While you share between 0 and 100% of the genetics with your sibling – a twin and an “anti-twin” with maths giving an expected value of 50% for the average sibling.
    The percentage you and your 1st cousin twice removed are mathematically expected to share is 3.125%.
    So if 23andMe is telling you it is 2.56%, then the genetic lottery is a little closer to the anti-twin than twin! Fascinating.

  30. Rich Woods says

    @microraptor #29:

    she’s fifth or sixth cousins with actor Sam Neil. Personally, I’m dubious and not sure why I should care even if it is true.

    Because he’s the Antichrist!

  31. wzrd1 says

    chinahand @ 31, I’, aware of no mathematical means to determine the genetic product, post fertilization and recombination/silencing/etc. The processes involved remain under active research and only partially understood. Perhaps PZ could fill in some of the gaps.
    So, straight math won’t give a reliable “percentage” relationship of parents to child DNA sequencing.

    Way too many moving parts, it’ll never work. ;)

  32. says

    Be careful people, a recent article reported 23&me (whose data security appears to be a farce) had the personal data of millions of customers stolen.

  33. Bruce Fuentes says

    #16 No relation. Though I do have a nephew that shares his name. Nick’s last name seems to come from a Mexican grandfather. I guess he disavoe=wed that ancestry and says he is of Italian heritage. My family is Puerto Rican. My father was born in Arecibo, PR in 1936. His family moved to NYC in 1946.

  34. lanir says

    I’m also adopted. My birth parents are a complete mystery to me. I guess I could use a site like 23andme or something but I’ve always heard they’re kind of sketchy. Another one of those “helpful” sites where you’re the product whether you know it or not.

  35. chrislawson says


    23andme’s webpage on the subject goes into more detail, explaining variations in the heritance percentages and the increasing chance of not detecting a familial link with more distant relatives.

  36. anat says

    The ancestral branch I am most informed about is that of my maternal grandmother. And even there the trail runs dry with her paternal grandfather. He defected from the Hungarian army during the revolution of 1848 and settled in a small village in what is now Romania (yes, my family tree from all sides has a strong Transylvanian presence). So he had 2 reasons to stay on the down-low: both as a defector from the military and as a Jew, as at the time Jews in Hungary were only allowed to live where there was an established Jewish community. I guess he lost touch with his family of origin. But on 23&me I found a ‘DNA relative’ with the same surname and claimed roots in Hungary with some nice looking genetic similarity. For these distant relatives what matters is not just the percent of shared DNA but also if there are any shared consecutive fragments. Anyway, I exchanged some emails with this person’s wife (she was the genealogy person in the family), and this guy could plausibly be the descendant of a sibling of my great-great grandfather (if so he would be my third cousin once removed), but we couldn’t nail it down definitely due to lack of information. Kind of cool, but that’s about it.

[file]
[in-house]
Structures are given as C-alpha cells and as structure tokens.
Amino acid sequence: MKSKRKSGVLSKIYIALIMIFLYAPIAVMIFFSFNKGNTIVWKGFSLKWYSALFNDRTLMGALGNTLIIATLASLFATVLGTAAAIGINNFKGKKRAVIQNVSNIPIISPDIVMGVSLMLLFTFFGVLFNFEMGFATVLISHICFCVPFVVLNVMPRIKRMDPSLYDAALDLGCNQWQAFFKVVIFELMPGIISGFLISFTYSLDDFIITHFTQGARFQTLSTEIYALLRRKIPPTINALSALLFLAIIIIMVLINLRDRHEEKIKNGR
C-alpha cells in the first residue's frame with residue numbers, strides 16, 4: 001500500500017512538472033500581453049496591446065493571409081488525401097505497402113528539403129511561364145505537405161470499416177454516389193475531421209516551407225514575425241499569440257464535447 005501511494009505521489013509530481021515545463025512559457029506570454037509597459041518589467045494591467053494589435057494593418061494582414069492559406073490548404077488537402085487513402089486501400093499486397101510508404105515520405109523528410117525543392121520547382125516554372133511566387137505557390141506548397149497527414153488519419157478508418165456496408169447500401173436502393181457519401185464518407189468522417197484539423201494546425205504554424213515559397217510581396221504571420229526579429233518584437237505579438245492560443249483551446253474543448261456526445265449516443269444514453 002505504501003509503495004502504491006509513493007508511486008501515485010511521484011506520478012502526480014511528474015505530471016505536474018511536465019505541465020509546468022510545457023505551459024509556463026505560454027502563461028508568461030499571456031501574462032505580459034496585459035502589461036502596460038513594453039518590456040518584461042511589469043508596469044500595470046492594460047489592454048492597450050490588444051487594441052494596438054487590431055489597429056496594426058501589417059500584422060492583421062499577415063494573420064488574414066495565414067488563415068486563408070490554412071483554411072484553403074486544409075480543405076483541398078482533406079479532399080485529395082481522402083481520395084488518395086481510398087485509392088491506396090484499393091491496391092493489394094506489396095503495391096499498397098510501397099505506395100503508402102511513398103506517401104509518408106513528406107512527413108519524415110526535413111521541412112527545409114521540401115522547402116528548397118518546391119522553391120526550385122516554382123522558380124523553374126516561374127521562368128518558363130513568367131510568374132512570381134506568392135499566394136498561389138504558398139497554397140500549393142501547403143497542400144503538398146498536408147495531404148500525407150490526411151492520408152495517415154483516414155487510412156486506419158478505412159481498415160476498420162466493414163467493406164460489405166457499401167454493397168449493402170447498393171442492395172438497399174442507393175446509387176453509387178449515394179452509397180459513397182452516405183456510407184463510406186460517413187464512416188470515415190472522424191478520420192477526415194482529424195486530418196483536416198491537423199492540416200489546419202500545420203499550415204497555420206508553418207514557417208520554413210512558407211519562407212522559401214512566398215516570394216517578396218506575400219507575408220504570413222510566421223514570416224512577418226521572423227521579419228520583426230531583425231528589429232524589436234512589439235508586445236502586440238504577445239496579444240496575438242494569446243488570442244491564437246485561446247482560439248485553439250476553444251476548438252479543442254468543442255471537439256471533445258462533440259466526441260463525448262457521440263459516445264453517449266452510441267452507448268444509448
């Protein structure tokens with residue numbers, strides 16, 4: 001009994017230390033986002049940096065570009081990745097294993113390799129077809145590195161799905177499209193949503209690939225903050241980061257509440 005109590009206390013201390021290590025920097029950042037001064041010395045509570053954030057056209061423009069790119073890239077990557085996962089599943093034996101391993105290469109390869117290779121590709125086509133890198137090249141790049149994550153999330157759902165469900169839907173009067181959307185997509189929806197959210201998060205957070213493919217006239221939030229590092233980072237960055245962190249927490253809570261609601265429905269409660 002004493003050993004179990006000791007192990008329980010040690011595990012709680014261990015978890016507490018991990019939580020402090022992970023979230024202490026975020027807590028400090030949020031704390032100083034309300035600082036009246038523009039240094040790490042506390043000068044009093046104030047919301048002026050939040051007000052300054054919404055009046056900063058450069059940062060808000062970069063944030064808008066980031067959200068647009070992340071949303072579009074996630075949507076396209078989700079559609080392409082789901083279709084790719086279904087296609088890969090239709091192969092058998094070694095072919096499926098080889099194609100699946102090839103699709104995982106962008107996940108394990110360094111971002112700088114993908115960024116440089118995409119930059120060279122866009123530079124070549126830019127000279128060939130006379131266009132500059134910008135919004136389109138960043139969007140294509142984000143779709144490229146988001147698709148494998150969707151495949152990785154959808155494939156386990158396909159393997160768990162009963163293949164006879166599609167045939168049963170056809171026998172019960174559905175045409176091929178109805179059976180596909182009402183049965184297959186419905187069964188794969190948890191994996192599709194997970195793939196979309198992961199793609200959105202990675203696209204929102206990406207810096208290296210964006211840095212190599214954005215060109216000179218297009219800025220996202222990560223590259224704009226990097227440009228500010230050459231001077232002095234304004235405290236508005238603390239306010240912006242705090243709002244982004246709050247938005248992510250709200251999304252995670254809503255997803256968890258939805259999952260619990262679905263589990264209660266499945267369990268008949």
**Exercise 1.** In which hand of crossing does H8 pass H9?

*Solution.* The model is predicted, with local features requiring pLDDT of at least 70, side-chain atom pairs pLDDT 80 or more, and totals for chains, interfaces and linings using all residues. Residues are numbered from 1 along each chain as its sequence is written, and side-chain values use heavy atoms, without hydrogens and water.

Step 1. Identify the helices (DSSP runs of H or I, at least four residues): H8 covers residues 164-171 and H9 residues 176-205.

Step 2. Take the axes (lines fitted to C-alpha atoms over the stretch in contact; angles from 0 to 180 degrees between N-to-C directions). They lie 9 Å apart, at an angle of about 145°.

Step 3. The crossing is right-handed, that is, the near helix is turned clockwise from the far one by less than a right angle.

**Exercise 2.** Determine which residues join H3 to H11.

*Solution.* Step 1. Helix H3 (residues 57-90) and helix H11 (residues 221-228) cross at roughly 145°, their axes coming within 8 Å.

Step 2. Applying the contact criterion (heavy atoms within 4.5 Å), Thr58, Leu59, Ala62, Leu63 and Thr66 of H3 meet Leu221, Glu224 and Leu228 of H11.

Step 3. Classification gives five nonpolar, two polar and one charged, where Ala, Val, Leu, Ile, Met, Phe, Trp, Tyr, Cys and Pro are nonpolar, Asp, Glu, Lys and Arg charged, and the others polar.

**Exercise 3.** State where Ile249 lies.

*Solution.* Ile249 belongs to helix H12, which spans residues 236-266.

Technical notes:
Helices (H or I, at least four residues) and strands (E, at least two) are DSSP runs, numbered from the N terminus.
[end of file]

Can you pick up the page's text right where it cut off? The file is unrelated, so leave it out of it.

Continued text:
37. StevoR says

    @35. Bruce Fuentes :

    #16 No relation. Though I do have a nephew that shares his name. Nick’s last name seems to come from a Mexican grandfather. I guess he disavoe=wed that ancestry and says he is of Italian heritage. My family is Puerto Rican. My father was born in Arecibo, PR in 1936. His family moved to NYC in 1946.

    Any connection to the Arecibo radio telescope at all?

    Also would I be right in thinking the word ‘Fuentes’ has something to do with “fire” in etymology – thinking Tierra del Fuego meaning “land of fire” here?

  38. John Morales says

    StevoR, (1) The telescope began construction in 1960, 14 years after the family moved, and (2) “fuentes” means “fountains”.

  39. StevoR says

    @ ^ John Morales : Okay, thanks.

    Thought the Fue but might’ve menat “fire” but espanol no hablas.

  40. StevoR says

    ^ Bit not “but”” natch. Thought the ‘Fue” part of the word might;ve meant fire that was. With suffixes then being “Fue-ntes / go / etc? I really cannot fucking type these days, apologies.

  41. John Morales says

    ‘costa rica’ means ‘rich coast’, ‘tierra del fuego’ means ‘land of the fire’, not ‘land of fire’ which would be ‘tierra de fuego’. And, no worries, I can read what you write.

  42. StevoR says

    De vs del that is – did not know that.

    I did three years of french in high school and Japanese / Nihongo at uni – so much forgotten there – but yeah, so much forgotten & of course, Francais and Espanol are different despite being quite similar Romance languages too.. Then there’s Aussie slang vs Engilsh, dialects and vernaculur & useage vs strictly grammatical..

  43. evodevo says

    @ #34 – I knew there was a reason I keep ignoring all those 23&me ads Ancestry keeps loading my email with…I pay them $300 a yr for access to records…not to sell my data to the highest bidder…PLUS, given what I know of the archaeology of Europe and anthropology in general, I can’t imagine how they could determine what your genetic ancestry was beyond a hundred years or so lol. There were so many invasions, migrations, etc. over the continent in the last 2000 years that any population would be mixed beyond analysis…